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How to Approach Your Loved One Suffering with Depression

Depression, Relationships, Coping Skills, Therapist Guide
6 min read

Depression is one of the most common mental health experiences, but because of that it is sometimes not well understood.

There is a difference, a big one, between Major Depressive Disorder and the normal mood shifts that people experience throughout their lives (like grief and loss, divorce, illness, stress, or the hormone shifts that can occur with adolescence, pregnancy, menopause, etc.).

Because of this, we tend to think we know what it feels like to another person. The most important thing is, you don’t

So first, here is the criteria for a major depressive episode:

It has to be ‘clinically significant’ and impair a person’s ability to function in their day to day life and it lasts at least two weeks. If someone expressed suicidality or intent to harm themselves or another person, do not hesitate to talk about it! Do not brush it under the rug. Think about how incredibly vulnerable it would make you feel to broach that topic with someone else, and act accordingly.

**If you think someone is about to harm themselves, call 911 or 988 (the national mental help crisis line). 

4 Tools for Addressing Depression with a Loved One

Tool #1 - Open Minded Conversation. 

We all experience depression a bit differently. For some, it is sleepless nights, restlessness, or irritability. For others, lethargy or tears or withdrawing from family and friends.

Whatever the case, asking questions and talking to your friend, roommate, or partner is the single most important action you can take to help. It's super important to go into this with curiosity and compassion and non-judgment. Most people shut down when they think they are being judged or pitied, whatever ‘shutting down’ is for them. 

What else to look for: 

  • they are just not themselves
  • gaining or losing a lot of weight
  • changing their sleep habits
  • not doing or not enjoying their usual activities
  • making self-critical or disparaging comments more often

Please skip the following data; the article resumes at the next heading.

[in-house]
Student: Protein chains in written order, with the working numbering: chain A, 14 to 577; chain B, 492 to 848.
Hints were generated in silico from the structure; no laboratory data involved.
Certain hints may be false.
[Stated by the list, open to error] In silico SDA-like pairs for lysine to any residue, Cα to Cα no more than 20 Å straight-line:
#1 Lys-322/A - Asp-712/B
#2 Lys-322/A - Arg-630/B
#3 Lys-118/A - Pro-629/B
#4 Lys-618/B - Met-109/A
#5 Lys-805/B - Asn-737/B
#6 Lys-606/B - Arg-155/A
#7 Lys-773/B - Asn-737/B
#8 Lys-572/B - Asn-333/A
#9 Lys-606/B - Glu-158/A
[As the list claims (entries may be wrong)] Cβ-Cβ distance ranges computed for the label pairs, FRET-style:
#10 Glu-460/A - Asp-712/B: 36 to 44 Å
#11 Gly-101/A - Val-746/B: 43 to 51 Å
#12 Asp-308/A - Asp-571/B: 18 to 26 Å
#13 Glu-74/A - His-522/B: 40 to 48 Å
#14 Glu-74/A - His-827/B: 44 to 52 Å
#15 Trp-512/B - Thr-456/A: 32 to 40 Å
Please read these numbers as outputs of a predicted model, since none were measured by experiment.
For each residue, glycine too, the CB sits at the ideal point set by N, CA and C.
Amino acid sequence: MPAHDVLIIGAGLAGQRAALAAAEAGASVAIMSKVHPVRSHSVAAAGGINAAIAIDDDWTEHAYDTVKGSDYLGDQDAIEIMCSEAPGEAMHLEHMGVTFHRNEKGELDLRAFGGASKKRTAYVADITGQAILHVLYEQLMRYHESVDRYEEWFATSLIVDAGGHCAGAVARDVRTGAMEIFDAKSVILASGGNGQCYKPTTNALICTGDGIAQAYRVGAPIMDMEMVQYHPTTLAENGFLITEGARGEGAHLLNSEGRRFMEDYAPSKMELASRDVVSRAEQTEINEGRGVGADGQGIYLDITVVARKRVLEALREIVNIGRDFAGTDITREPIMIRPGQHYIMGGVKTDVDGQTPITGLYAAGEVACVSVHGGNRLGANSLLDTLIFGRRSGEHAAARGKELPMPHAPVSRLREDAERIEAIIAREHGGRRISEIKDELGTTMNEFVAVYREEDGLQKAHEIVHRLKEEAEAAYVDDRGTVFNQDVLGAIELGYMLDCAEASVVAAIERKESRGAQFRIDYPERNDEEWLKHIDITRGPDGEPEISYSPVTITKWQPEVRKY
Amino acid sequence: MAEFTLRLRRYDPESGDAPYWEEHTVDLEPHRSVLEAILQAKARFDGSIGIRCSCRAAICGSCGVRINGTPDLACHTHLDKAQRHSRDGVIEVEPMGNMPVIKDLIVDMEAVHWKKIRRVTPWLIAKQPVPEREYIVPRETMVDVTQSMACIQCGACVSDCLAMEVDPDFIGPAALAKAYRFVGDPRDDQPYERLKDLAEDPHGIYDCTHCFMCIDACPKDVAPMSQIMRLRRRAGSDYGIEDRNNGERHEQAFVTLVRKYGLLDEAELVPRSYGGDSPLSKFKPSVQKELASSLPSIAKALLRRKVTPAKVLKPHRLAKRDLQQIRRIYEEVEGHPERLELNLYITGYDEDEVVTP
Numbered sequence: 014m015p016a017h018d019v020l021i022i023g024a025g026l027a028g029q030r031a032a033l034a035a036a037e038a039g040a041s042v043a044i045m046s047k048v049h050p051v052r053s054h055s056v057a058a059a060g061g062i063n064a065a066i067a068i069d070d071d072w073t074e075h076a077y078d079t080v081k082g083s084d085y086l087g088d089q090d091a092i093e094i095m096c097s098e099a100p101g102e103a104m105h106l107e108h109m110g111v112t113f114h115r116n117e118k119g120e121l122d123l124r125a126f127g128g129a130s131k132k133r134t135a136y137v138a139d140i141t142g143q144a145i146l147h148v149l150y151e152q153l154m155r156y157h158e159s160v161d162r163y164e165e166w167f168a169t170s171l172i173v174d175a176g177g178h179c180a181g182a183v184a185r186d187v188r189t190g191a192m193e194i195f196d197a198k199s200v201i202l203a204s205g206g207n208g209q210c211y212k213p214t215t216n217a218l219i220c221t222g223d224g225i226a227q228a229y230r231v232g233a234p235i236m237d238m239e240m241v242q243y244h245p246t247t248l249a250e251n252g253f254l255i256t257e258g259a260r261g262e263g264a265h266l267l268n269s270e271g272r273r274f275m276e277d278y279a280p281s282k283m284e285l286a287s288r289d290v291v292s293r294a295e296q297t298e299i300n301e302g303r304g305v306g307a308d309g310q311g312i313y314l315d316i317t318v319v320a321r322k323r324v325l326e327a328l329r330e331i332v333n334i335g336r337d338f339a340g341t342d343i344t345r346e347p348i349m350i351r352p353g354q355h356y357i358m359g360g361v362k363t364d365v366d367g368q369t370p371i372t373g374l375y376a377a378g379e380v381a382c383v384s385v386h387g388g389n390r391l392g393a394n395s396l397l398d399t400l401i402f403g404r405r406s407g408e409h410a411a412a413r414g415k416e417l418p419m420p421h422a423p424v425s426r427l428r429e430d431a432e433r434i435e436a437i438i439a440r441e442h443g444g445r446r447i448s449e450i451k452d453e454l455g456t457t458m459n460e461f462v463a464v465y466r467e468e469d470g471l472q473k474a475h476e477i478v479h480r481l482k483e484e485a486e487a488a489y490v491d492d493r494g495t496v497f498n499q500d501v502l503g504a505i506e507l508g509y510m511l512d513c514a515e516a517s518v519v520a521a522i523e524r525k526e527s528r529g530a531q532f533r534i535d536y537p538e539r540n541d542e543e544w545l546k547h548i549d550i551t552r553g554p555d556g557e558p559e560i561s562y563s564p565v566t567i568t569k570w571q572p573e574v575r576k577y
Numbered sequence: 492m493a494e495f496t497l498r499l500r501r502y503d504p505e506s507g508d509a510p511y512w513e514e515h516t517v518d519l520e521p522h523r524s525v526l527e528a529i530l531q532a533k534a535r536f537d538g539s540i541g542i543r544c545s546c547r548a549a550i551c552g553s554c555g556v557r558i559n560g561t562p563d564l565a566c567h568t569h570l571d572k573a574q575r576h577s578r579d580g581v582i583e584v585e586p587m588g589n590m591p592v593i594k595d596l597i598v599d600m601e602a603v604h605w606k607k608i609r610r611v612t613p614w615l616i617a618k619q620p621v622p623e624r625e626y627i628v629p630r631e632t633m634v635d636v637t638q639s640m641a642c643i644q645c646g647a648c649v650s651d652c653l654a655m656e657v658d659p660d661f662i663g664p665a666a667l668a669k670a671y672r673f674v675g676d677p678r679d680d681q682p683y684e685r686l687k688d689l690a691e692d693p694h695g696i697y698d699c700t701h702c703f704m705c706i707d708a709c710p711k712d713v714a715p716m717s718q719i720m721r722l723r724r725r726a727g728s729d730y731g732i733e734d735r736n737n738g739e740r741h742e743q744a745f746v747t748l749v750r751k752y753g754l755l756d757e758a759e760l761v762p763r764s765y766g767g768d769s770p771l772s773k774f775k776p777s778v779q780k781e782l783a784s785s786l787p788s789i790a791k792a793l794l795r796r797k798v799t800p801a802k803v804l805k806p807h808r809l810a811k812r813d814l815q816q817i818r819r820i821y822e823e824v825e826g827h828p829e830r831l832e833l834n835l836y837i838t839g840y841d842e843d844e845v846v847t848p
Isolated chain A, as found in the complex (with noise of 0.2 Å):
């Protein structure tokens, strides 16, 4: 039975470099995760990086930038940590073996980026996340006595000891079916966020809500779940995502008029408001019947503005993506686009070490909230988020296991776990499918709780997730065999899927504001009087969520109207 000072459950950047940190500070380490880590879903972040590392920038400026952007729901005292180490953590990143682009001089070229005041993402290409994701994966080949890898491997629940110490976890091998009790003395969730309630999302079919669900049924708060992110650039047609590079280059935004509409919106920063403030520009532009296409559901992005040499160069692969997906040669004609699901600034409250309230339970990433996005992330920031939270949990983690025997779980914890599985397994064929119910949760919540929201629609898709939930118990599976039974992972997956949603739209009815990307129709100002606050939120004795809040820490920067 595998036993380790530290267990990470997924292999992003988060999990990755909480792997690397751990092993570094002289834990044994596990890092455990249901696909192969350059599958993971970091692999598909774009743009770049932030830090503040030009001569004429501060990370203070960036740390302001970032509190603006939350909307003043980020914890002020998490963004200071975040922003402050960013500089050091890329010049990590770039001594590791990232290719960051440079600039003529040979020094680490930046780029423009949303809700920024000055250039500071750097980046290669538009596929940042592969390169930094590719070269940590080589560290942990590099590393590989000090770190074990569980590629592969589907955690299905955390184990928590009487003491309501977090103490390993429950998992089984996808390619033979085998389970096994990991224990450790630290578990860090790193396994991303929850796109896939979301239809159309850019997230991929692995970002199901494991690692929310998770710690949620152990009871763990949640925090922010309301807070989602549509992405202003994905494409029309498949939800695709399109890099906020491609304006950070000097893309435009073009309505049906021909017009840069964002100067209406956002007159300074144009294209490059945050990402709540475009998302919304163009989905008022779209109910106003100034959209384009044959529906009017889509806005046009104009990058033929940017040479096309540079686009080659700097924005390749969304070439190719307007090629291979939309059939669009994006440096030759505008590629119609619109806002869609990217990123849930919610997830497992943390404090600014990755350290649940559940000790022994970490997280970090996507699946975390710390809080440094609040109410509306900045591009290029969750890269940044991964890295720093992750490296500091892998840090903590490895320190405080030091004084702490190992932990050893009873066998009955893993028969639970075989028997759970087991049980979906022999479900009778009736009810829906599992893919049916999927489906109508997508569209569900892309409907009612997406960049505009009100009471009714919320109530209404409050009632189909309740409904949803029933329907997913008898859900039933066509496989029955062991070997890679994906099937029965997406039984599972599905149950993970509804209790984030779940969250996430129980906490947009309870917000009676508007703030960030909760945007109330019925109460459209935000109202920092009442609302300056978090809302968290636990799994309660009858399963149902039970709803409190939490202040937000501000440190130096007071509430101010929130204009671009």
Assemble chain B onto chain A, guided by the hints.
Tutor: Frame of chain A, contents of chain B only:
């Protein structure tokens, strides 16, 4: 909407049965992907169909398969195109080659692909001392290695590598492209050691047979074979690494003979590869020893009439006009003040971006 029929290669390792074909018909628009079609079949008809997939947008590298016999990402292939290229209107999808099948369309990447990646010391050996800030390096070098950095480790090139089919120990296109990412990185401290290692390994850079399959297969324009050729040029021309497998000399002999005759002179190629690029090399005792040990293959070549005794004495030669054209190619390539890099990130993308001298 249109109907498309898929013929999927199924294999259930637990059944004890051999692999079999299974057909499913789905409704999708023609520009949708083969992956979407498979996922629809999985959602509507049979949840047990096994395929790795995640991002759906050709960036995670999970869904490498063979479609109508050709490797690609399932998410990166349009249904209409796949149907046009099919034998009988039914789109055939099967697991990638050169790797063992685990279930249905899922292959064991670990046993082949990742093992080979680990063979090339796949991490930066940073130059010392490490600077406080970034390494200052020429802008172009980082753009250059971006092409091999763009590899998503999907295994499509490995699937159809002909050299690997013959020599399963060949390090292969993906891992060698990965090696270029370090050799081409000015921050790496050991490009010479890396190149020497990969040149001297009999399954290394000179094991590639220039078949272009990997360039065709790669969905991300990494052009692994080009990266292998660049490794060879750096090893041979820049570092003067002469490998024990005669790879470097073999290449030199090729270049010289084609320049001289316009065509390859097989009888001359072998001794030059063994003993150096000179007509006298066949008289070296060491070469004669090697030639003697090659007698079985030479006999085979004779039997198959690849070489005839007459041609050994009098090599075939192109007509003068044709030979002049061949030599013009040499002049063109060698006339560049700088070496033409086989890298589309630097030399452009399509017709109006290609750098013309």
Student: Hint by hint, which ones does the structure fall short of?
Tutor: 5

If you see any of these, please ask your friend about them. Do not hesitate to bring it up. You will not cause depression by expressing concern. As long as you go into it with genuine intentions and a sense of compassion, it will be OK. Even if they brush you off at first, wait a few days and try again. 

Tool #2 - Information.

If someone is not receptive, information is the next step. Let’s say the person has not acknowledged that they are depressed. This is when you would give them some info - what you noticed, why you’re worried - and leave it open ended. Tell them what you’re thinking, and ask open-ended questions.

Get them info about the counseling center or a therapist that someone recommends (or Frame!). Tell them what you think depression is, or about your own mental health experiences. Give them info from Frame or NAMI or do your own research about what you are seeing.

When you are using information as a tool, keep in mind two things: information is what gets someone to think about change AND you can not make someone change. They have to make the decision, you are just giving them information that might help. 

So let’s say that you know someone has depression and you are trying to deal with the stress of worrying about them. This goes back to #1, sort of, but in a different way....

Tool #3 - Make a Plan - is all about the NEXT conversation you have with your loved one. 

When I say ‘make a plan’ I mean that you have to ask about what is going on with them, but more specifically about their Safety Plan they have with their therapist or other provider. If you are part of their plan, you need to know the plan! If you’re not, it is good to know who is part of the plan, as well as the warning signs, distractions, and what coping skills work best for them in a crisis. If you live with someone who has a safety plan with their therapist, you need to be a part of it! 

 Tool #4 - Be Honest.

With yourself and with your friend. Everyone has limits. If you can’t handle it, say so - and help them find someone else. If it is just too much, acknowledge it (at least to yourself!) so you can deal with it. You might have to set different boundaries or be assertive in other ways with them. If you aren’t sure how to be honest and set limits, you might benefit from your own therapist. Depression can be scary. Sometimes, the best help you can give is setting limits. 

We have come a long way with mental health stigma, but people still try to hide it. If they are not hiding it as well as they think, it's time to talk to them about it. That is the key - TALK and stop trying to hide depression - it takes much more courage and strength to deal with it than to ignore it. 

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About the author: Kendra Wilson is a licensed clinical social worker in Virginia & North Carolina. She has been working in mental health for over 20 years and specializes in working with clients with Eating Disorders and with using DBT (dialectical behavior therapy). Her focus is helping people with issues of over-control (including depression, perfectionism, anxiety, and all types of eating disorders) develop compassion (for themselves and others). View more of her authored content, or connect directly via her Frame profile here.